• Zygmunt Bauman (1998) Globalization as
    annulment of temporal/spatial distances (1998,
    p.18).
  • David Harvey (1989) in The Condition of
    Postmodernity has simply defines globalization as
    time-space compression. It signifies processes
    that so revolutionize the objective qualities of
    space and time that we are force to alter … how
    we represent the world to ourselves. (p. 240)

20
Globalization under the in the Age of Information
Technology
  • Globalization under the Information-Technology
    paradigm
  • Space of flow Manuel Castells (1996) in The
    Network Society defines globalization as the
    process of separating simultaneous social
    practices from physical contiguity, that is
    time-sharing social practices are no long
    embedded in space of physical place. As a result,
    the traditional notion of space of places has
    been transformed into space of flows. As a
    result, the globe is now able to work as a unit
    in real time on a planetary scale.

21
Globalization and Its Social Consequences I The
Advent of Community of Flow
  • The advent of the virtual community
  • Transformation of pattern of communication
  • Instantaneous social practices are separated
    from physical contiguity, the traditional
    face-to-face and time-consuming communications,
    which are the cornerstone of primary association,
    have given way to fast, cheap and forgetting
    communications (Benedikt, 1995, quoted from
    Bauman, 1998, p.16).

22
Globalization and Its Social Consequences I The
Advent of Community of Flow
  • The advent of the virtual community
  • Dissolve of community of yoke
  • The so-called 'closely knit communities' of
    yore were … brought into being and kept alive by
    the gap between the nearly instantaneous
    communication inside the small-scale community
    (the size of which was determined by the innate
    qualities of 'wetware', and thus confined to the
    natural limits of human sight, hearing and
    memorizing capacity) and the enormity of time and
    expense needed to pass information between
    locality. On the other hand, the present-day and
    short life-span of communities appears primarily
    to be the result of the gap shrinking or
    altogether disappearing inner-community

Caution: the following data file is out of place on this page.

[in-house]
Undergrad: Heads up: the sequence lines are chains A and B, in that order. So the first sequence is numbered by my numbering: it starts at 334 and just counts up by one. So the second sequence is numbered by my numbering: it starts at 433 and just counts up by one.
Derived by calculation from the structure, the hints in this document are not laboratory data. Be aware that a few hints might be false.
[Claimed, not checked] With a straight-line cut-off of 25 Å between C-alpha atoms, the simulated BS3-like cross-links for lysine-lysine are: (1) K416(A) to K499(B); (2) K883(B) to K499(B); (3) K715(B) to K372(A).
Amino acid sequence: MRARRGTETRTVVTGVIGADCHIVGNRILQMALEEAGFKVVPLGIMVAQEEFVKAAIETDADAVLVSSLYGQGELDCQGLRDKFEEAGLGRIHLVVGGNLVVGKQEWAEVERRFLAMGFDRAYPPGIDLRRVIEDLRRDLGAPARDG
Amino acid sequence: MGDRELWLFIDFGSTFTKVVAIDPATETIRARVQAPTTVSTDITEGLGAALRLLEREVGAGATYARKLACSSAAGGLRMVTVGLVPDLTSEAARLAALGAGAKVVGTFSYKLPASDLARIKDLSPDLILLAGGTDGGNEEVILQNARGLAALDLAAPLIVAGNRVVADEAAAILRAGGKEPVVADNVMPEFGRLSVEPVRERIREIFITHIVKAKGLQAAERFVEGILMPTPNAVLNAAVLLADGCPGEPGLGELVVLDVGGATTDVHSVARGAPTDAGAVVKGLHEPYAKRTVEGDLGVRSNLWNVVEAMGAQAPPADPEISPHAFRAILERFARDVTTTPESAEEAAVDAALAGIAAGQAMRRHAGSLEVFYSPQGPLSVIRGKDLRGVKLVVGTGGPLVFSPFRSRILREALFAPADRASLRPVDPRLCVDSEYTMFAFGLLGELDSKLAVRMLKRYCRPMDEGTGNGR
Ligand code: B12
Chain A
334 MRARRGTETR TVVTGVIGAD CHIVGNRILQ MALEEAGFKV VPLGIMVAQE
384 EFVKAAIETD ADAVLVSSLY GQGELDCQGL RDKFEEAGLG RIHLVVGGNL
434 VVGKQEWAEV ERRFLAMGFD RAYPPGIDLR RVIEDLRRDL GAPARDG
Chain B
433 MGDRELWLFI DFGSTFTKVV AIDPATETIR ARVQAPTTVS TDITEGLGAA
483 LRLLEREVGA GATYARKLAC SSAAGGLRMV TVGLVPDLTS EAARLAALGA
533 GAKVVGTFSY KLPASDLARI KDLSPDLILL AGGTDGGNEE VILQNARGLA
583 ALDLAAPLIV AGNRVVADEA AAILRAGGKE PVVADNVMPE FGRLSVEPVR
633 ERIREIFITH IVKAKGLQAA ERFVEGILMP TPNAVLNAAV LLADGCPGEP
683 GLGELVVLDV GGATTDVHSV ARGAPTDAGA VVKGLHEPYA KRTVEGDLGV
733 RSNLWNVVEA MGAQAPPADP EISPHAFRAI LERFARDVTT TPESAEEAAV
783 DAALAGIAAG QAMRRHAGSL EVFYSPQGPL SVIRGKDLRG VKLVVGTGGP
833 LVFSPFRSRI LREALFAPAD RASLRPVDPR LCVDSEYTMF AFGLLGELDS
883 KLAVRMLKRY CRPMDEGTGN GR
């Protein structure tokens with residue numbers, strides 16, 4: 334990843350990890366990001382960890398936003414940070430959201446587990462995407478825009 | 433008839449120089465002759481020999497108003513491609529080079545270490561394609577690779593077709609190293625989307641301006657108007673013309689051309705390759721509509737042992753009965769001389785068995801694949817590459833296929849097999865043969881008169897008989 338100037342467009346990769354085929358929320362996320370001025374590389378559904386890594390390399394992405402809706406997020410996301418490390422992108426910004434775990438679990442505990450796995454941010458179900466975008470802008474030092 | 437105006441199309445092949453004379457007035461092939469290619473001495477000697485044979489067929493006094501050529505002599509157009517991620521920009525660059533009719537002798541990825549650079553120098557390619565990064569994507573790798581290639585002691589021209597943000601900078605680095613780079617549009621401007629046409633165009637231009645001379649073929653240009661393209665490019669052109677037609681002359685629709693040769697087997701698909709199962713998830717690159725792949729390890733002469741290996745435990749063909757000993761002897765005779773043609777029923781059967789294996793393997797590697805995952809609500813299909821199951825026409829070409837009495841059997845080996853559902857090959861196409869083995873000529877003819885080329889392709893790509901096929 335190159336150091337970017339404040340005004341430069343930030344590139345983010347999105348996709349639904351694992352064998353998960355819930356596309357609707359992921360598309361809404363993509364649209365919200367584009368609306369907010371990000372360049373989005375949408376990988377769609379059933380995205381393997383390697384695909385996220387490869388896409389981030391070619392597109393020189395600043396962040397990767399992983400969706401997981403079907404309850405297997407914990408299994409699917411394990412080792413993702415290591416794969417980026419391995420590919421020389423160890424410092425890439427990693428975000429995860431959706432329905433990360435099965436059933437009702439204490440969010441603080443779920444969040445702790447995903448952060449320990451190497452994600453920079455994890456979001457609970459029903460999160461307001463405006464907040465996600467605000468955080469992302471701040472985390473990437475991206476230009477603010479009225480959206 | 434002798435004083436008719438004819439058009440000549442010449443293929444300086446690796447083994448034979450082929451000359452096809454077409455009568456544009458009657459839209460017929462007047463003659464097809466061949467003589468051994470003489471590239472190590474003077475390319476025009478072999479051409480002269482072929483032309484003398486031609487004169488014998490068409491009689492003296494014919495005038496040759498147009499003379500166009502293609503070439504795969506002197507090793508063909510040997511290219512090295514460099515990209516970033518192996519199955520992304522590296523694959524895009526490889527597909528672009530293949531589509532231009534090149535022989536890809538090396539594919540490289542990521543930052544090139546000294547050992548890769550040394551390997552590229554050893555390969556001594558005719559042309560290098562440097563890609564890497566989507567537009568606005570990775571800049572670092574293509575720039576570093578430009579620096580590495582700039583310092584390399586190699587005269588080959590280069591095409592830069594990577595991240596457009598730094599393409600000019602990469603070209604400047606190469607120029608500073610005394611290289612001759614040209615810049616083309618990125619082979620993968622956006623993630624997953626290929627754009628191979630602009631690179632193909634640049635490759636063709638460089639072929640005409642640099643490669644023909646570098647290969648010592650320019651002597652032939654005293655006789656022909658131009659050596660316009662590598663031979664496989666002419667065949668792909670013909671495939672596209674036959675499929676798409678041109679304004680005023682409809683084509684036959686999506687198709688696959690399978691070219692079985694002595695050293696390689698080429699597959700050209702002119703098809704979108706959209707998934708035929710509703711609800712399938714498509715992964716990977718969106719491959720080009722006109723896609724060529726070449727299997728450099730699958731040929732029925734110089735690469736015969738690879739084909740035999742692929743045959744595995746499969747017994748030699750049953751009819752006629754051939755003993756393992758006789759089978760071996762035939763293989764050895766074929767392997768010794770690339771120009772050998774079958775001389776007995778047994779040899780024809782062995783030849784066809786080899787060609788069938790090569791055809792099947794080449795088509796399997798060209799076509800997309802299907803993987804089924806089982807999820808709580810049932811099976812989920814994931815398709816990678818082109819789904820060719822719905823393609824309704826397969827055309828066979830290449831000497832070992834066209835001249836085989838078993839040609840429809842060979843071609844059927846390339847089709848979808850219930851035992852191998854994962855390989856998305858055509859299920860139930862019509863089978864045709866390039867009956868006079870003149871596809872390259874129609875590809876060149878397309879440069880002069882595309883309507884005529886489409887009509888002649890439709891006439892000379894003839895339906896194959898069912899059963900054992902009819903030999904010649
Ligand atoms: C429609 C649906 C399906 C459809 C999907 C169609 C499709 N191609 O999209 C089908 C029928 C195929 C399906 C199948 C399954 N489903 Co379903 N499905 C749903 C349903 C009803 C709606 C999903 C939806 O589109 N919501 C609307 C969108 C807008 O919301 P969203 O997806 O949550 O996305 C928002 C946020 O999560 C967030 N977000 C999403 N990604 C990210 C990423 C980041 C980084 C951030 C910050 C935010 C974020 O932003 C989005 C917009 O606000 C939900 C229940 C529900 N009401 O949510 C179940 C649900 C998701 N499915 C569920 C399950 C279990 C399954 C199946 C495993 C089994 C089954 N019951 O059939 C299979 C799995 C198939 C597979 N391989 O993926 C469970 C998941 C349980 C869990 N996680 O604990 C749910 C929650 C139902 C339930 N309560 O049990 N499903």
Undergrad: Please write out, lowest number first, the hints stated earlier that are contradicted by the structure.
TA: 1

communication has no advantage over
    inter-communal exchange, if both are
    instantaneous. (Bauman, 1998, p.5)

23
Globalization and Its Social Consequences I The
Advent of Community of Flow
  • The advent of the virtual community
  • Cultural-spatial based communities are replaced
    by virtual community
  • Erosion of spatial based communities scattered
    around factories and industrial compound in
    advanced industrial societies as globalized and
    flexible economy emerged. Class-based and
    ethnic/religious-based communities also
    evaporated with the factory-location based
    communities
  • The emergence of the cyberspace The space of
    place and that based on physical contiguity is
    replace by the space of flow and that based on
    informational flow.

24
Globalization and Its Social Consequences I The
Advent of Community of Flow
  • The advent of the virtual community
  • Cultural-spatial based communities are replaced
    by virtual community
  • In their replacement advents the virtual
    community.
  • Howard Rheingold in The virtual community
    Homesteading on the electrical frontier (1989)
    specifies that
  • Virtual communities are social aggregations
    that emerge from the Net when enough people carry
    on those public discussions long enough, with
    sufficient human feeling, to form webs of
    personal relationship in cyberspace. (p.3)

25
Globalization and Its Social Consequences I The
Advent of Community of Flow
  • New notions of community in knowledge society
    (Carnoy, 2000)
  • In flexible economy new communities will have to
    incorporate workers who are more educated, more
    choice-oriented, more flexible, more
    time-conscious, and more eager to influence their
    environment. The new bond that holds these
    individuals together in the global information
    age is the search for knowledge. (Carnoy, 2000,
    p. 171)

26
Globalization and Its Social Consequences I The
Advent of Community of Flow
  • New notions of community in knowledge society
    (Carnoy, 2000)
  • Accordingly, Martin Carnoy categorizes these
    knowledge-searching communities into
  • The self-knowledge community Ethnicity, gender
    and cultural identity. For examples, black Muslim
    communities in the US constituted in the 1960s,
    feminist communities emerged in the 1980s,
    fundamentalist Muslim in global context since the
    late 1990s.
  • The knowledge-use community Professional
    identification and work networks
  • Informal work-information network
  • Temporary agencies as knowledge-use networks
  • Computer networks as knowledge-use communities

27
Globalization and Its Social Consequences I The
Advent of Community of Flow
  • New notions of community in knowledge society
    (Carnoy, 2000)
  • Accordingly, Martin Carnoy categorizes these
    knowledge-searching communities into
  • The knowledge-production community Schools as
    community centers
  • Knowledge-production centers themselves can
    be the organizing space for new communities.
    Individuals and families may no longer be linked
    socially to a particular neighborhood, but those
    with children are increasingly linked to
    child-care centers, preschools, and elementary
    schools. …Children and parents build friendships
    and social and civic activities around their
    childrens care and learning, wherever it takes
    place. Thus, their community space is defined
    by their childrens day care and schooling rather
    by where they live. (Carnoy, 2000, p. 183)

28
Globalization and Its Social Consequences II The
Advent of Flexible Family
  • The brief history of the fundamental unit of